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Title: On relationships between the Indonesian Throughflow and the chlorophyll bloom within the Seychelles-Chagos Thermocline Ridge
Authors: Carr, M. D.
Aguiar González, Borja 
Hermes, J.
Veitch, J.
Reason, C. J. C.
UNESCO Clasification: 251007 Oceanografía física
Keywords: Tropical Indian-Ocean
A Variability
Rossby Waves
Pacific, et al
Issue Date: 2024
Journal: Progress in Oceanography 
Abstract: The Seychelles-Chagos Thermocline Ridge (SCTR) is a biologically important region of open ocean upwelling within the south west Indian Ocean (5-10 degrees S and 45-90 degrees E), driven by the tropical gyre. The SCTR refers to an elongated feature that joins two local minima in thermocline depth; the Seychelles Dome (SD) and Chagos Dome (CD). Entering the ocean basin from the east, the Indonesian Throughflow (ITF) has been shown to interact with the upwelling region, although the relationship between the phytoplankton bloom associated with the SCTR and the ITF are so far unexplored. Using in situ observations and remotely sensed data, the buoyancy fluxes from the ITF are shown to strongly condition surface chlorophyll-a (chl-a) concentrations over the Chagos Dome, the eastern extreme of the SCTR, at seasonal and interannual scales. Accordingly, we find a significant inverse correlation (r = -0.43) between the altimeter-derived volume transport of the ITF and the surface chl-a concentrations. This inverse correlation increases (r = -0.61) when only the 10th and 90th percentile of the ITF volume transport anomalies are considered, indicating the influence of the ITF may be overcoming other physical drivers, especially under extreme ITF events. We hypothesise that the buoyancy flux of a strong ITF input 'caps' the Chagos Dome with warm, less saline waters, suppressing surface phytoplankton and reducing the surface chla concentrations. This hypothesis is supported by a strong, significant correlation (r = 0.66) between remotely sensed surface salinity and surface chl-a over the region. This relationship is not found over the Seychelles Dome, where the ITF has a weaker direct impact over the bloom. These results suggest that the westward travel of ITF waters may condition the eastward expansion of the SCTR and, therefore, the zonal extent of the associated chl-a bloom. This happens at seasonal and interannual time-scales concomitantly with the propagation of downwelling Rossby waves, deepening the thermocline and facilitating the westward advance of ITF waters. This is visible through a combination of remotely sensed and in situ observations at depth from the RAMA mooring array at the eastern domain of the SCTR, where intrusions of warm, less saline waters, typical of ITF waters, coincide with downwelling Rossby waves deepening the thermocline. Thus, both the westward travel of ITF waters and the propagation of downwelling Rossby waves shape the eastward expansion of the SCTR and, therefore, the zonal extent of the associated surface chl-a bloom on a year-to-year basis.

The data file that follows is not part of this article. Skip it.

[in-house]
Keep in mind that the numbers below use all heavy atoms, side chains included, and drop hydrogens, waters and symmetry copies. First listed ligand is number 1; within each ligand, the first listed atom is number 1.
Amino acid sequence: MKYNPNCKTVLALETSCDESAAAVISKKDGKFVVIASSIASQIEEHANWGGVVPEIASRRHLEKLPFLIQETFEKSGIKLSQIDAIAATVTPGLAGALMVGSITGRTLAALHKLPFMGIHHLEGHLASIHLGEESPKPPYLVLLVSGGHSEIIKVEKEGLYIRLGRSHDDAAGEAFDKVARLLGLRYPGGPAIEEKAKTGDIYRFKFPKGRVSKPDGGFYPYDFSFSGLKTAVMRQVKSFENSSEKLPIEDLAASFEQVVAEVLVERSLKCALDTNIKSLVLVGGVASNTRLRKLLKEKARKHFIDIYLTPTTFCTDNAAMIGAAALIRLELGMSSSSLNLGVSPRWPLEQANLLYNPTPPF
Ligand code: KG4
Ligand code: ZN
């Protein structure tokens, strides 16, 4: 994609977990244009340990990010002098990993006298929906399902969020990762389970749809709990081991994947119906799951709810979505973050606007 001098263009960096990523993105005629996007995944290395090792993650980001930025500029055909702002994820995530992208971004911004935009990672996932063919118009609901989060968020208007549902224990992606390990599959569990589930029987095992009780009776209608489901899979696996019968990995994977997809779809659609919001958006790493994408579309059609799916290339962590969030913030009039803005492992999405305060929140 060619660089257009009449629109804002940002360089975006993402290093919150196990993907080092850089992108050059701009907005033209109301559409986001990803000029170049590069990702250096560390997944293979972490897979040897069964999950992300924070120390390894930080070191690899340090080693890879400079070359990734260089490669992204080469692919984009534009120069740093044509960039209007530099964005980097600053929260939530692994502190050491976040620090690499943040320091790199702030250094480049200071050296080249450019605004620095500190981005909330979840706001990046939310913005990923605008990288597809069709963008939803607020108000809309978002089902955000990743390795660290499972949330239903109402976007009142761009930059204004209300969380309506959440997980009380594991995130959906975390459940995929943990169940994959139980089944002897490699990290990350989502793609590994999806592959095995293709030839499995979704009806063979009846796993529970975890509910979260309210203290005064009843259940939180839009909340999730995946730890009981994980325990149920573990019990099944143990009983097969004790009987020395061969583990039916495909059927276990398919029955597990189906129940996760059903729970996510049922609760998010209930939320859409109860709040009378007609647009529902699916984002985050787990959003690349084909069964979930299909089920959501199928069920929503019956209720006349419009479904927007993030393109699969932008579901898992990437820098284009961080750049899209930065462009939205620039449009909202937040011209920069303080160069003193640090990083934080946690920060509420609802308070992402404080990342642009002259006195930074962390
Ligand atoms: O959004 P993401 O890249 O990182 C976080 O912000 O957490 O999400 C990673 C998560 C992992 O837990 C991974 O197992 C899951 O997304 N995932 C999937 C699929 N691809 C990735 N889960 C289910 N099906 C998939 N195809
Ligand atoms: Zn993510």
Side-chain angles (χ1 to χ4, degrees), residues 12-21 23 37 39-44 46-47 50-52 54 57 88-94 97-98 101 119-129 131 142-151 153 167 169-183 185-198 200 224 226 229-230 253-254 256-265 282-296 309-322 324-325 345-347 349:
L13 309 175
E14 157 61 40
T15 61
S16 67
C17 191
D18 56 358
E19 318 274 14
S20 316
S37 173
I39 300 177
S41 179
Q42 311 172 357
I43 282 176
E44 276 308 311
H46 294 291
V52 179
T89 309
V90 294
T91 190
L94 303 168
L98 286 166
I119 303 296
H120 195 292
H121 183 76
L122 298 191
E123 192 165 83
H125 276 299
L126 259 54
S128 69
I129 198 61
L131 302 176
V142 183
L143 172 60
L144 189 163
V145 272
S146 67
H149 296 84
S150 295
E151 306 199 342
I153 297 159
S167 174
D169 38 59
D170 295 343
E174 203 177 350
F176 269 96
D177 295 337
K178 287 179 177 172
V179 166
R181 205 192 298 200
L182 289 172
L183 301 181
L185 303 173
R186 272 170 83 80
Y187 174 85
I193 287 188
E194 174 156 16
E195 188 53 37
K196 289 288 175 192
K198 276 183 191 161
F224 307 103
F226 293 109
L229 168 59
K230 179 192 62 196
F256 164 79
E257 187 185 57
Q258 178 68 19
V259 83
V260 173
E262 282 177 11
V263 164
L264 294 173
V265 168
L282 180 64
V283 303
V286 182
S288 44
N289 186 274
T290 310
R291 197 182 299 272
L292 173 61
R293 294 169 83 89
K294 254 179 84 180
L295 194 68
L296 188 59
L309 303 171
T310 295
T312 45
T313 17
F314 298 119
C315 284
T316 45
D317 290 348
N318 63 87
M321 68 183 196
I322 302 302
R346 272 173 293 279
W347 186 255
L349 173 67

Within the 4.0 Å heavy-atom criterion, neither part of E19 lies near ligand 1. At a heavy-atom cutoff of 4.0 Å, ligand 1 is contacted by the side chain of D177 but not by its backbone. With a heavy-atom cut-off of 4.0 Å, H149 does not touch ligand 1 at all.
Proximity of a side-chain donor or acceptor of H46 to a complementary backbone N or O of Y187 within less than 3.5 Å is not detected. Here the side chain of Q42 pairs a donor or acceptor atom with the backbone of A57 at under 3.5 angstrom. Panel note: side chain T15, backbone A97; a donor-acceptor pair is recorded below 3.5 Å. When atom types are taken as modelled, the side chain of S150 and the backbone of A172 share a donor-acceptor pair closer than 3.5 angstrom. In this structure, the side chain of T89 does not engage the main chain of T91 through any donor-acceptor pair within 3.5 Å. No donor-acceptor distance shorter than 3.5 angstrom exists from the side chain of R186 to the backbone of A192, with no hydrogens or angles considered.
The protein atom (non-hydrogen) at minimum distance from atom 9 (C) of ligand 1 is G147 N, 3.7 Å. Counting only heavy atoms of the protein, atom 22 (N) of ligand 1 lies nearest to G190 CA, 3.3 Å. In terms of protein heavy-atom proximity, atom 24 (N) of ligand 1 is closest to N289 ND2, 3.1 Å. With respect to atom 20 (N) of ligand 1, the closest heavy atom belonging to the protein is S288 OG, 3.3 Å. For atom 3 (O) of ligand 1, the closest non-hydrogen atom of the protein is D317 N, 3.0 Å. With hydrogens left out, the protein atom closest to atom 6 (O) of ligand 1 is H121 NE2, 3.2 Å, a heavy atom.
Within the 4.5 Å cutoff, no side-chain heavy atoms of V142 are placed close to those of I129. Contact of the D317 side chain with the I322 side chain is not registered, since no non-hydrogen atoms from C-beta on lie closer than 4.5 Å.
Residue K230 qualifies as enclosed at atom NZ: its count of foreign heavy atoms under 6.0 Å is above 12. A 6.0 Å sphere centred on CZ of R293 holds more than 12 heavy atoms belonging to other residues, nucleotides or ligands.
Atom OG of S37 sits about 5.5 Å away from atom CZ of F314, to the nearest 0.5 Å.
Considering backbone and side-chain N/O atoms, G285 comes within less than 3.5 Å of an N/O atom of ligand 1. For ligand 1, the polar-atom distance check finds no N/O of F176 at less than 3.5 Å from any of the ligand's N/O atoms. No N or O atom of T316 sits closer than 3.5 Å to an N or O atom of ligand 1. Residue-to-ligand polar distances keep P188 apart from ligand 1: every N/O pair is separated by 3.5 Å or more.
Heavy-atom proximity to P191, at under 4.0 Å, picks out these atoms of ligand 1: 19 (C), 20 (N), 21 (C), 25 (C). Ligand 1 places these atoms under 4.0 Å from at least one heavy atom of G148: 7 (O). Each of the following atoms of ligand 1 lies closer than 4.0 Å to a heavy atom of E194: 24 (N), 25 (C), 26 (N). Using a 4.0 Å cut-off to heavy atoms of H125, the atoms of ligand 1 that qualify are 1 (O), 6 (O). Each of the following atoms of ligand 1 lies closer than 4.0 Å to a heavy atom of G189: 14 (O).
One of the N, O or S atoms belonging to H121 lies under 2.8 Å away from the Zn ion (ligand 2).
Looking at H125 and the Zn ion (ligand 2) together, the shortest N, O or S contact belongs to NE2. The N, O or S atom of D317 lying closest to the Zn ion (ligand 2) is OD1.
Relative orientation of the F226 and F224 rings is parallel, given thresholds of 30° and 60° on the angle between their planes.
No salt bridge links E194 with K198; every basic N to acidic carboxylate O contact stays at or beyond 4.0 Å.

ISSN: 0079-6611
DOI: 10.1016/j.pocean.2024.103287
Source: Progress In Oceanography [ISSN 0079-6611], v. 226, (Agosto 2024)
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